Diabetic retinopathy and diabetic macular edema are two of the world's leading causes of preventable blindness in adults, and now Google has outed an ongoing clinical study, handled by Verily, that seeks to use AI to help screen for those eye diseases faster and more efficiently than ever before. Specifically, Google has announced that the study is now considered a clinical trial thanks to its first official clinical venue; Madurai, India's Avarind Eye Hospital.
The study involves an algorithm that's been developed over the past three years or so, and is aimed at using standard footage of eyes, captured during routine eye doctor visits on perfectly normal equipment, to screen patients for the diseases in question. The way it all works is by sending captured eye footage off to Google's servers to be run through the machine learning process of the algorithm. Screening results are then delivered back to the doctor immediately, facilitating quicker and easier screening, diagnosis, and most importantly, earlier treatment when cases are found.
The study is currently taking place globally, though in a limited capacity. The focus right now is of course India, where some 66 million diabetes patients go without diagnostic screening for associated eye diseases each year due to a shortage of qualified eye doctors. Under those conditions, this study will mean doctors spend less time waiting for results, less time setting up screenings, which sometimes involve separate appointments, and less diagnostic time and lab resources checking through the massive amount of screening data.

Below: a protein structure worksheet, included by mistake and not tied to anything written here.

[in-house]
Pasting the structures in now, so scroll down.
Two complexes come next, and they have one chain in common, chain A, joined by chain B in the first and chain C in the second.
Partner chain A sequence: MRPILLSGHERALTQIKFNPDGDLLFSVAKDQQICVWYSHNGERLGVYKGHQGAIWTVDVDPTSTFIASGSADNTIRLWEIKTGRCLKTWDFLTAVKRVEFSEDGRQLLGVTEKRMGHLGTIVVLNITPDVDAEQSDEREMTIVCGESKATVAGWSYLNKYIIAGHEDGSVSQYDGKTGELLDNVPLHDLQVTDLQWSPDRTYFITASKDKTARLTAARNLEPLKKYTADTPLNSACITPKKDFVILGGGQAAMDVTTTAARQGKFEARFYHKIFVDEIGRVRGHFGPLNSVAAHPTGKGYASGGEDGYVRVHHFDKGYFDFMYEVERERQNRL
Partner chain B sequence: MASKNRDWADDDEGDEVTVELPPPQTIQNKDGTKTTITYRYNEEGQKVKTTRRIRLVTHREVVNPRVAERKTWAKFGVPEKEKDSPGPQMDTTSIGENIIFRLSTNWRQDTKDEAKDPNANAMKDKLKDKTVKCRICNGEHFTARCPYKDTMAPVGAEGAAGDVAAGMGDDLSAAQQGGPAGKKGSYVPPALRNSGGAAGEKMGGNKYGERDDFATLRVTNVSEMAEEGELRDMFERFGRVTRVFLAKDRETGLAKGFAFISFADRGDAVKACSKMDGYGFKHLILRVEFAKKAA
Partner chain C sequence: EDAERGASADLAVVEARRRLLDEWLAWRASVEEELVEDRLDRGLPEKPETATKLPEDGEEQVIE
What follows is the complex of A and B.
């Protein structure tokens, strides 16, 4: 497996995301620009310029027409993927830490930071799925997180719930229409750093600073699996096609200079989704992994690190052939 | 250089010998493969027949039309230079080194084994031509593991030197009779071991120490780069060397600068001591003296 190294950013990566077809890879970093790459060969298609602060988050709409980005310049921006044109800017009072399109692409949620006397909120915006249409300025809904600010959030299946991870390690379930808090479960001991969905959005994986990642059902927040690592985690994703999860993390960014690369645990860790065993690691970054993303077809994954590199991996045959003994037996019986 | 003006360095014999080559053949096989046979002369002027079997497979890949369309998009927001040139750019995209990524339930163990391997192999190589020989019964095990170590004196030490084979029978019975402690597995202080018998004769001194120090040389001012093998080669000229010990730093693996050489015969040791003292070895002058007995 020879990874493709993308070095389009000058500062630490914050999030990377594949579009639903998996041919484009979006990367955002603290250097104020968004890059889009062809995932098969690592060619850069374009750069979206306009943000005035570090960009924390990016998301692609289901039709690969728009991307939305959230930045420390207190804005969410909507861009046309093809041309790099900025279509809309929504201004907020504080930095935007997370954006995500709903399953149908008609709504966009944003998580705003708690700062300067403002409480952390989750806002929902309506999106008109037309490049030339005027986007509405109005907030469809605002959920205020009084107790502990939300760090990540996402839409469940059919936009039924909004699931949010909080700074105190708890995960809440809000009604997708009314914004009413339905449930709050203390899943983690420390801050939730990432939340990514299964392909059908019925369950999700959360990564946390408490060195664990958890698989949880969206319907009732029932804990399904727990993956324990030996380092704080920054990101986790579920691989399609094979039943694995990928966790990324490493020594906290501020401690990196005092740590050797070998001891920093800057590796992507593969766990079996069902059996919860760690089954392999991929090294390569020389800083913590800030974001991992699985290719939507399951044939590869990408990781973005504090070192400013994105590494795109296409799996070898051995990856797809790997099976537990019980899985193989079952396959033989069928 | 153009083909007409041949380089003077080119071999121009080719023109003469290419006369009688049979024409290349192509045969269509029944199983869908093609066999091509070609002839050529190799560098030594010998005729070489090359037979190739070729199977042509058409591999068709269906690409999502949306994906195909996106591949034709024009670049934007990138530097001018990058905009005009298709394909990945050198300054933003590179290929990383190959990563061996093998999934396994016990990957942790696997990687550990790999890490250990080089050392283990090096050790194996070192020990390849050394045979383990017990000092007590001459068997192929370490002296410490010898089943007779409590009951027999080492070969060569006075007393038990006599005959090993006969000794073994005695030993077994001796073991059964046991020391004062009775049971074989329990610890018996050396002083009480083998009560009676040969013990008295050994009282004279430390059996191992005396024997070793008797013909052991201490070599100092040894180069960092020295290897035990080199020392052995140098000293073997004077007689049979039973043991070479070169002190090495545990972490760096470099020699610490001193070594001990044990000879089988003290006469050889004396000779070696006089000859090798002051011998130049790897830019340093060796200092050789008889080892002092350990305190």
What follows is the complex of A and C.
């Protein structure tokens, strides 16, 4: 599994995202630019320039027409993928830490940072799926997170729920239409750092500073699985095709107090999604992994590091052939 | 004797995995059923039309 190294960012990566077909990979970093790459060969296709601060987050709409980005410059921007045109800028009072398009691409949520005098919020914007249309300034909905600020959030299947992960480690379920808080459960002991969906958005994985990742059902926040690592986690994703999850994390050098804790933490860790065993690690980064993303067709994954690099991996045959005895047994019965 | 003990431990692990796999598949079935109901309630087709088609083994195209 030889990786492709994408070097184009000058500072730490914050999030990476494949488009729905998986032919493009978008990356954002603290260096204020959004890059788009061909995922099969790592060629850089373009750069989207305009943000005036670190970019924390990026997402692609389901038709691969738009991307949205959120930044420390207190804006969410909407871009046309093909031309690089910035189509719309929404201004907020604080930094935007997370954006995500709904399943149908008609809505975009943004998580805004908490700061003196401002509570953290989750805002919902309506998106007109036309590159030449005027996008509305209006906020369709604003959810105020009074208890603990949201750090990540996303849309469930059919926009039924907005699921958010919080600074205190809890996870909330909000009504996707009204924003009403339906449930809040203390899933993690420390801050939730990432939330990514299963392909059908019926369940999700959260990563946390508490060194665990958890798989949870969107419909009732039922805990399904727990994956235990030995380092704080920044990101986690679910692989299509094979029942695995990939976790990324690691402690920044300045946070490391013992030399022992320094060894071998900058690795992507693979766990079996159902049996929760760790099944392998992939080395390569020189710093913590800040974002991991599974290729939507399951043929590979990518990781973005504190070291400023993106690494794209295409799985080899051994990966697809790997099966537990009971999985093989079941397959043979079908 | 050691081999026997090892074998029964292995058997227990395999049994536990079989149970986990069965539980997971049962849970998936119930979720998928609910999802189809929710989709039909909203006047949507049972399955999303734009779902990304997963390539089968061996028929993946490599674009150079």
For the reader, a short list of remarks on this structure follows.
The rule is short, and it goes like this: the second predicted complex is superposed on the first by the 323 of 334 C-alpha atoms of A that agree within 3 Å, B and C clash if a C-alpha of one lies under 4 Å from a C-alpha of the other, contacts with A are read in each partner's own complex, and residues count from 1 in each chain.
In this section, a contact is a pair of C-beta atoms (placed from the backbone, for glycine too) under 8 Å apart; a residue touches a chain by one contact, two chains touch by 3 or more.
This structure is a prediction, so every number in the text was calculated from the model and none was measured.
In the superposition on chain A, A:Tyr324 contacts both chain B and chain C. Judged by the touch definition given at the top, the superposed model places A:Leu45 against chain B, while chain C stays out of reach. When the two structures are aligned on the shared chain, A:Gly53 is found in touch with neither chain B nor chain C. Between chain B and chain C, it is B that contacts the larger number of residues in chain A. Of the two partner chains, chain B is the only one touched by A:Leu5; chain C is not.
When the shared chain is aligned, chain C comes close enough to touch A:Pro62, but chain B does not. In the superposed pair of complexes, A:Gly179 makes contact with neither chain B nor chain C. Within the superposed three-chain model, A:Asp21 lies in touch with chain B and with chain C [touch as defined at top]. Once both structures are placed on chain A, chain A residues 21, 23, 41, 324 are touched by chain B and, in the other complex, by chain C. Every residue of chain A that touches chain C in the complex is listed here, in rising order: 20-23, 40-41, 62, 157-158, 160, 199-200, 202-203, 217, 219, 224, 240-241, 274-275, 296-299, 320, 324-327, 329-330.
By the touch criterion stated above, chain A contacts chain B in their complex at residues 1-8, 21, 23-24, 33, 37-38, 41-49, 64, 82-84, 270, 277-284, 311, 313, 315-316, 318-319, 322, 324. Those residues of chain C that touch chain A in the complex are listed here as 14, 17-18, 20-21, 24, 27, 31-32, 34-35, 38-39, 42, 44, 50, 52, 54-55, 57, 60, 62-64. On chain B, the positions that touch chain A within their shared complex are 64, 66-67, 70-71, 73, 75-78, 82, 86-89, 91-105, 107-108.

Verily's system, it should be noted, is for screening, not diagnosis. It's not so accurate as to be able to flag patients it knows for sure do have one of the listed conditions. Rather, it can tell patients who have signs of the conditions versus patients who show no signs and almost certainly don't have one of the eye diseases it screens for. While this doesn't eliminate the doctor's role in the screening process entirely, it does eliminate a vast swath of would-be screening data.
Google formed Verily as a part of Google X way back in 2015, and began research into the intersection between Google's technological wheelhouse and the medical world. One example is its acquisition of Lift Labs, a startup that created Liftware, utensils that use AI to compensate for shaky hands and avoid food spillage.
While all of this would be enough news to get excited under any circumstances, this algorithm has received a CE mark from the European Union, meaning that it's considered to be on par with medical equipment designed for the same purpose. What this means is that Google and Verily have the vetting of the EU behind them as they spread the study and the algorithm out, making it quicker and easier to foster wide adoption.
The kicker here is that this is a machine learning AI, and it does just what its name says it does; it learns. The more eyes this machine looks at, the better it's going to be at its job. It's also going to be getting a better picture of what the human eye is like on a grander scale, and the implications of that in the wider fields of optometry and opthalmology are nearly endless. So long as nothing goes wrong, it's only a matter of time before this algorithm expands its suite of use cases and sees wide adoption throughout a wide spectrum of eye-related medical use cases.